But it is not just mining that is changing. Trading is also changing with more money now earned from supply chain management, logistics, and innovation than from outright trading. This change will, I believe, inevitably lead to more women seeking to join the sector.

But even when more women are attracted to sector, women need to do more to help themselves to advance within an extremely competitive environment. One panellist told me afterwards that women tend to believe that all they need to do to advance in their careers is to work hard and do a good job. After all, their hard work at school was rewarded by good grades in the final exams. Unfortunately, this is not enough in the world of business. As Patricia Manso pointed out recently, hard networking and self-promotion are essential in any career.

So in conclusion, the commodity trading industry is changing and in so doing so will naturally attract more women. Even so, the sector must continue to improve both its behaviour and its image. It also has to mentor male managers to recognise their unconscious biases. And once they are in the sector, women need to do more to get their contribution noticed.

Unfortunately, it may take a generation for there to be an equal number of men and women on the stage at a future FT Commodities Summit. I may not be around to see it, but it will happen.  

The FT Commodities Summit

The FT Commodities Global Summit last week in Lausanne once again attracted many of the top players in the industry. The conference has established itself as the “must-go-to” commodity event of the year; it is the only event that I know of where you can get a genuine feel of what is occurring in the wider markets. But not only that, it is the only commodity conference I know of without a single PowerPoint presentation! Paradise!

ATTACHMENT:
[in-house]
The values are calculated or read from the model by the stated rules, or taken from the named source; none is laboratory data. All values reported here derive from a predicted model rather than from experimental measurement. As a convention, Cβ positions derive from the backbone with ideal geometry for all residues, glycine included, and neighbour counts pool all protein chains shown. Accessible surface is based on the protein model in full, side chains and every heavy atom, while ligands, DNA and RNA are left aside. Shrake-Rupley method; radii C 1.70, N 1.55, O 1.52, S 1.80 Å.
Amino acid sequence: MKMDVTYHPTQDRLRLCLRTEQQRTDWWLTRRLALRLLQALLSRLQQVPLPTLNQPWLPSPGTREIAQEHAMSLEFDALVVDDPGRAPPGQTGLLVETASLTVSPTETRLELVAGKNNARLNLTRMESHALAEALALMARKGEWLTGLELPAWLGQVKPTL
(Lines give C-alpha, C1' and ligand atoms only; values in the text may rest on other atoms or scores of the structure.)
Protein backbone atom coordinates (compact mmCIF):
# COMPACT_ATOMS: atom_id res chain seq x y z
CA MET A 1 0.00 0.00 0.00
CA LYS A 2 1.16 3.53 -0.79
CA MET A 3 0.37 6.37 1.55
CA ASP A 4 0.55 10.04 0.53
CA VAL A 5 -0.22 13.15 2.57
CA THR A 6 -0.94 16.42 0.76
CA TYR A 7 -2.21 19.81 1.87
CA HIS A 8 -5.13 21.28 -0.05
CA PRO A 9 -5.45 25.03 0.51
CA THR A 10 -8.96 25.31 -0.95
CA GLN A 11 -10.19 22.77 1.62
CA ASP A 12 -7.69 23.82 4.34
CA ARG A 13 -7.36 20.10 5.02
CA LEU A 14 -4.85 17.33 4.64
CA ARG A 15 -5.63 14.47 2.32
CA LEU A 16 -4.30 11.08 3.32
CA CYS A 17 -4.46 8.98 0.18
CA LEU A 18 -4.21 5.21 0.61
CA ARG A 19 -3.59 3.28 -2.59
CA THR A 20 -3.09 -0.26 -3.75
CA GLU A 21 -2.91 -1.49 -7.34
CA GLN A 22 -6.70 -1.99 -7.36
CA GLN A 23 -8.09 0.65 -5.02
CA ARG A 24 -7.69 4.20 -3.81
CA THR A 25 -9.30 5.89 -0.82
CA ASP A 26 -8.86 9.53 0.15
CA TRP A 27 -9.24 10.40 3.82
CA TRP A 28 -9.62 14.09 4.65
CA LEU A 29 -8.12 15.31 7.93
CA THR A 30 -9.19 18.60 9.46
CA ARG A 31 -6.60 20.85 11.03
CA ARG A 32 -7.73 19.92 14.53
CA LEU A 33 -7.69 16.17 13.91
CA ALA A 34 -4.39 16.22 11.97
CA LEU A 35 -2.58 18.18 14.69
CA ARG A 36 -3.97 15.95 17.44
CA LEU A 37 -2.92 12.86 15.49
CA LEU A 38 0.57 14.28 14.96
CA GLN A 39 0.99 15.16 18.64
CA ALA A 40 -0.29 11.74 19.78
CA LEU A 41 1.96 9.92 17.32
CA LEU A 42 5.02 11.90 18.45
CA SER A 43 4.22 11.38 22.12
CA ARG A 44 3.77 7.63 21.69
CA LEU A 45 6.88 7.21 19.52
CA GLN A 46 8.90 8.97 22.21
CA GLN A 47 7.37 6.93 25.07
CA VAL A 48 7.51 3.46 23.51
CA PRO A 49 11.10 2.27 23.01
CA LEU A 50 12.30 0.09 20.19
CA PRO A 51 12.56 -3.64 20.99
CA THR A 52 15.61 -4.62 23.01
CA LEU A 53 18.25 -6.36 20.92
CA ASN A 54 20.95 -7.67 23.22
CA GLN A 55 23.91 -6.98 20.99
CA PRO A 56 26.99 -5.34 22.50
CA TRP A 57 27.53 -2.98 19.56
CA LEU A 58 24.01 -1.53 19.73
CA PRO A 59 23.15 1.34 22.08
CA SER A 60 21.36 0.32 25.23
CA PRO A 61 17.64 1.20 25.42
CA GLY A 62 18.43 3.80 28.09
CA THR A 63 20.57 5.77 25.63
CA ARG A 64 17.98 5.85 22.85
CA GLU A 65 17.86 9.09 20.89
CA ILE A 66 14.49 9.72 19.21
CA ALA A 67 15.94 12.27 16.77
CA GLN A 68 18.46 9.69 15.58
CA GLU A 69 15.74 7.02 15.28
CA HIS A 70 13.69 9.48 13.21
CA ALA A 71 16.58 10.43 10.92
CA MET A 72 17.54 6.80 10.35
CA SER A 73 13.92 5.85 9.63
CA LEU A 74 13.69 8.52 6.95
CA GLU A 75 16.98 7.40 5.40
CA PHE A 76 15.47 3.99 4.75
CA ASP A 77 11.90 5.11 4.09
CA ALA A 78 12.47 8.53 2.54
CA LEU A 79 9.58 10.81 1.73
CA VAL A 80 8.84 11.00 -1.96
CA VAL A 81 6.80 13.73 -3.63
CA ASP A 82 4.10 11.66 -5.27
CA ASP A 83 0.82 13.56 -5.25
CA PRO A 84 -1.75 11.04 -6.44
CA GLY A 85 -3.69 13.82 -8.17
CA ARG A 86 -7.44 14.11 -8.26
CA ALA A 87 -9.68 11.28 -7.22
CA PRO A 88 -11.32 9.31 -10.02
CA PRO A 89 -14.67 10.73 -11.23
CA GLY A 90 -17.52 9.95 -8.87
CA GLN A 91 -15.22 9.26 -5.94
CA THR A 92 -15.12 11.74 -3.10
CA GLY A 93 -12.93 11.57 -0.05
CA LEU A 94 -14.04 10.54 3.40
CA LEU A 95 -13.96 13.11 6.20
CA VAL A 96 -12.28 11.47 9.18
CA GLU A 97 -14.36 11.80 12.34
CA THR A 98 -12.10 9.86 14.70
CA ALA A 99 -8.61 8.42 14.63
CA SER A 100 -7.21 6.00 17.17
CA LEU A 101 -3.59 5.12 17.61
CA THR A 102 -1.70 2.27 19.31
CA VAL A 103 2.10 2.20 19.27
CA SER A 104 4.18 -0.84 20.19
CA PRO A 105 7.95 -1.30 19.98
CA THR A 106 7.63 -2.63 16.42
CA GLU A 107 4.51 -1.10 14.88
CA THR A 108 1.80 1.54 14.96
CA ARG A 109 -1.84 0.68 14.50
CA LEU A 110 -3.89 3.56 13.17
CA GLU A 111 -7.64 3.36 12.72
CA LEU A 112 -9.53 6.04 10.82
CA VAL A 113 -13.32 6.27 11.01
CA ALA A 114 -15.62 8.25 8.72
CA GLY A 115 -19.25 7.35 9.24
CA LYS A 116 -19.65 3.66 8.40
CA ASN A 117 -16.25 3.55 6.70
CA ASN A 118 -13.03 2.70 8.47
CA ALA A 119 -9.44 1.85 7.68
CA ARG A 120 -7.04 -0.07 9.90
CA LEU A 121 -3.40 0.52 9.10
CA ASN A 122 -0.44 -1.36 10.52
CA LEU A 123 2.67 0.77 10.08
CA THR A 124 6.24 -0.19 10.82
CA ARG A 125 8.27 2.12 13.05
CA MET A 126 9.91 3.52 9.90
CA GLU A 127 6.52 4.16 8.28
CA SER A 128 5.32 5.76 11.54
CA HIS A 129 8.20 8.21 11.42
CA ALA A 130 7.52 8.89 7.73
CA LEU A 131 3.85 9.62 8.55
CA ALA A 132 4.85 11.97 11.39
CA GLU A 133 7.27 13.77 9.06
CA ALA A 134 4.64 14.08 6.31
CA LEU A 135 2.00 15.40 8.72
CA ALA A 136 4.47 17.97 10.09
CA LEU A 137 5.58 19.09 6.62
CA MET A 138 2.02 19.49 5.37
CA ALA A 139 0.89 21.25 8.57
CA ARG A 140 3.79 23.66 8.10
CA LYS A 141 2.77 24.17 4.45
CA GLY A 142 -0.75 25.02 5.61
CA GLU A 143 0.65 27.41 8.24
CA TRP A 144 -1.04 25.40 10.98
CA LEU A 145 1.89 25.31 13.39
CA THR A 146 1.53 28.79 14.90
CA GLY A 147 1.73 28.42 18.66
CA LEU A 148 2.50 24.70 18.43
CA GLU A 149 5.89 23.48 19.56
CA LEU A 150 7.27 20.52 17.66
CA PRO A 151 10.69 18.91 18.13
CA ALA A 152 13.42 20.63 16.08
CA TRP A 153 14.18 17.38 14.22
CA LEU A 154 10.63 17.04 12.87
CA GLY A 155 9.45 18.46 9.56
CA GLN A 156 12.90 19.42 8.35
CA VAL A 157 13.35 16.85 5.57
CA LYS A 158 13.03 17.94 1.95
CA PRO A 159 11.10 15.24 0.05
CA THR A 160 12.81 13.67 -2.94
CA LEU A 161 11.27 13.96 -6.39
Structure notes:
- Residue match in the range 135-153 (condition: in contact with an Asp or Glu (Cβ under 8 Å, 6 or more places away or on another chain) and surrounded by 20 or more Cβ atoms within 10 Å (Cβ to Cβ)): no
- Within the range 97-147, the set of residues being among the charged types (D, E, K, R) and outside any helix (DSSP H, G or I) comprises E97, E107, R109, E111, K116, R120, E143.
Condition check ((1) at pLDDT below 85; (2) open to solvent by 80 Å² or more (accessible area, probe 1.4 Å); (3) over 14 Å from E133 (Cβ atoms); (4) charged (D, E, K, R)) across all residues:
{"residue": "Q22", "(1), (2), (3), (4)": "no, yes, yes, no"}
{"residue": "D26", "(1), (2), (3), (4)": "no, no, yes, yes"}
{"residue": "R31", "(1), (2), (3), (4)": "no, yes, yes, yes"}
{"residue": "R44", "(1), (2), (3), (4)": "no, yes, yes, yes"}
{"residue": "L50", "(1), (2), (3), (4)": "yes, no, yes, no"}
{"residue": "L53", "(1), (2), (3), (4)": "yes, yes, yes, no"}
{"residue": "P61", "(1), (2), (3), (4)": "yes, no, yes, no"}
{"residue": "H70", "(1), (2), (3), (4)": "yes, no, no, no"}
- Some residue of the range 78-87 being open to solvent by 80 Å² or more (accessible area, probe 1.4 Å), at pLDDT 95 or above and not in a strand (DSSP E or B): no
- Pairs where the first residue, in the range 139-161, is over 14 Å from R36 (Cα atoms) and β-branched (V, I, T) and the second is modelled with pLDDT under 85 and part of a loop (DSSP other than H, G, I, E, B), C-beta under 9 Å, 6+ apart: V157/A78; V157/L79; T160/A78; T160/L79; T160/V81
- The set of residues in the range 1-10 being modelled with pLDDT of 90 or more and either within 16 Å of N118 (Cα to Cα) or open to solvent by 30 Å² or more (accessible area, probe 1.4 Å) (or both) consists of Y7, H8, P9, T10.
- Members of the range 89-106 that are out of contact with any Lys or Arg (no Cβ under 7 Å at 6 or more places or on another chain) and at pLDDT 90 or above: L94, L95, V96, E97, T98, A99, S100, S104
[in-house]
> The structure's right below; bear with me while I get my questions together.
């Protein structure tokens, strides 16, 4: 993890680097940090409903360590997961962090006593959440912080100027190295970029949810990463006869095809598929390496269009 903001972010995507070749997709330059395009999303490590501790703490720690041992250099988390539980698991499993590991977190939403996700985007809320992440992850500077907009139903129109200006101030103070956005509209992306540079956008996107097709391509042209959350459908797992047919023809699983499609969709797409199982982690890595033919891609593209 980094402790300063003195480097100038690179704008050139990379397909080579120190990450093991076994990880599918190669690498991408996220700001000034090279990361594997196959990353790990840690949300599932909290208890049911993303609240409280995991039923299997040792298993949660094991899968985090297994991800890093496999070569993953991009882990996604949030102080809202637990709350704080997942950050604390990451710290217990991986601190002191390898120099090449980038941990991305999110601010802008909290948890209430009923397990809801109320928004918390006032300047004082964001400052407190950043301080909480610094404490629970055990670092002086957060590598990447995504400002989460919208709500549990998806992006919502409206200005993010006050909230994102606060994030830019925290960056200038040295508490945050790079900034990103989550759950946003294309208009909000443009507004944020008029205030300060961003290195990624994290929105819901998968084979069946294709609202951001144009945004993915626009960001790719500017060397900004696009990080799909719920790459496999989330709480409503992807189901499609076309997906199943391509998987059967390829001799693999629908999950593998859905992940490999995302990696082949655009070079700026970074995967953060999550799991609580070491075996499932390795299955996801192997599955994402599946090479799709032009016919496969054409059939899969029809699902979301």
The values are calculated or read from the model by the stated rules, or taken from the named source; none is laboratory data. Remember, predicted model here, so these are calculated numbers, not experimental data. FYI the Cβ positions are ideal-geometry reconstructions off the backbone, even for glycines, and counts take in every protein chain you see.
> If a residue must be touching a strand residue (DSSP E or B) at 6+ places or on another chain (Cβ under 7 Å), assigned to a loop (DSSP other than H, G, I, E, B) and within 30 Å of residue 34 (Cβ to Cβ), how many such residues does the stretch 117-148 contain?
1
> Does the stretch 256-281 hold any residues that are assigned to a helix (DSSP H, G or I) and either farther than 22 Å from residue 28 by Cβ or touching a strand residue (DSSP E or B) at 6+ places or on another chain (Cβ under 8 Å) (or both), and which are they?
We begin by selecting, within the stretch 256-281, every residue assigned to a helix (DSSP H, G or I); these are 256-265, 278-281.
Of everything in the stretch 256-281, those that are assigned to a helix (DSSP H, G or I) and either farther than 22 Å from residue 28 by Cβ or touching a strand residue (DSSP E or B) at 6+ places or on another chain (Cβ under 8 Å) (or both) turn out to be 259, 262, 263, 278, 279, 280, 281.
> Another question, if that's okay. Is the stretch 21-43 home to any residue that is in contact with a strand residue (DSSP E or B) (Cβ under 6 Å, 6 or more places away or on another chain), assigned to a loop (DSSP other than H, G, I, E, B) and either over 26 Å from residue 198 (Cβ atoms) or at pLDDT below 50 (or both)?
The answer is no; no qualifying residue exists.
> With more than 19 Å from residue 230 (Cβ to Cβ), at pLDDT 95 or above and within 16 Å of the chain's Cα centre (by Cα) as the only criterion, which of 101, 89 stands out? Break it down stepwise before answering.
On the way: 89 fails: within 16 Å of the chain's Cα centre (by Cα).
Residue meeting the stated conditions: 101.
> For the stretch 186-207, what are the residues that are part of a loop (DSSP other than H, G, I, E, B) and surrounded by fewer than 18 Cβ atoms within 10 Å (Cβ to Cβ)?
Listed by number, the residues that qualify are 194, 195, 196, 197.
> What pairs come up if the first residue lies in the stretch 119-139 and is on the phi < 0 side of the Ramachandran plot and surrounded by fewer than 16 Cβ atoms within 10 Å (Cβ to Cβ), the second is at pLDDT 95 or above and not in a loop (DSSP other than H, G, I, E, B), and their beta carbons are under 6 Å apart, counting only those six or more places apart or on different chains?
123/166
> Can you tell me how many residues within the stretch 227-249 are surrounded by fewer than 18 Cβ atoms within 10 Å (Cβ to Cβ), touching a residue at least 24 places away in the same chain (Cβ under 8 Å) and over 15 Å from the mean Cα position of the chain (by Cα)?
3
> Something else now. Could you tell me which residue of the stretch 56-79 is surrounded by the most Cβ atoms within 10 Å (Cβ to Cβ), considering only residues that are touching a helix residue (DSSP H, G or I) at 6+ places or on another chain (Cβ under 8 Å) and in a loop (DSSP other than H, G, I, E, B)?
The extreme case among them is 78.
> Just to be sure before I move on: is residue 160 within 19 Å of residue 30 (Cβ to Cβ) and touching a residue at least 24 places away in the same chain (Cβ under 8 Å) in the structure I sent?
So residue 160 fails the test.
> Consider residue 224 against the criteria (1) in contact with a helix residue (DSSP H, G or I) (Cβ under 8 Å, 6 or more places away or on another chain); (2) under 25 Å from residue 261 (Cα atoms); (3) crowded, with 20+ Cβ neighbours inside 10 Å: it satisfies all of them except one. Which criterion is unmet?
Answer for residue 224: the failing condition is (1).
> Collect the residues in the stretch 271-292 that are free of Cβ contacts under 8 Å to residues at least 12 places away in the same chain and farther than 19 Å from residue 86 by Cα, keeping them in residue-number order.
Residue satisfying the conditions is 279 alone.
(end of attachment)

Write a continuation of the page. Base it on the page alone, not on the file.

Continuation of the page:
This year’s event was entitled “Natural Resources in Transition”, and was, as expected, largely focused on the extractive industries: oil and gas, and metals. Electric vehicles were at the centre of the debate, and the effect that they would have on the demand for oil, lithium, cobalt and copper. Just a few years ago, people were discussing when oil production would peak; now the debate is about when demand will peak. The consensus at the conference was that demand will stop growing sometime around 2035, but there was some disagreement as to whether it would then decline or stabilize.

But then consensus is often wrong. At last year’s summit there was a consensus that the supply of cobalt would not keep pace with its demand from battery manufacturers; everyone at that time was bullish on cobalt prices. This year, there was a consensus that, given the right price incentives, supply is far more elastic than you would expect.

Most of the unexpected cobalt production has apparently come from artisanal mining in the DRC, unfortunately the type of mining with the worst safety conditions and greatest prevalence of child labour.

Slowing growth in oil demand is encouraging the trading companies to look more closely at renewable energy sources, and I was surprised to hear biofuels being discussed in a positive light—the first time for many years. With the current agricultural surpluses and low prices, biofuels are once again profitable and, because they help maintain farm incomes, are once again finding favour with politicians. I don’t want to be a pessimist, but that will probably only last until the next spike in food prices. The food versus fuel debate has not gone away; it is only on hold.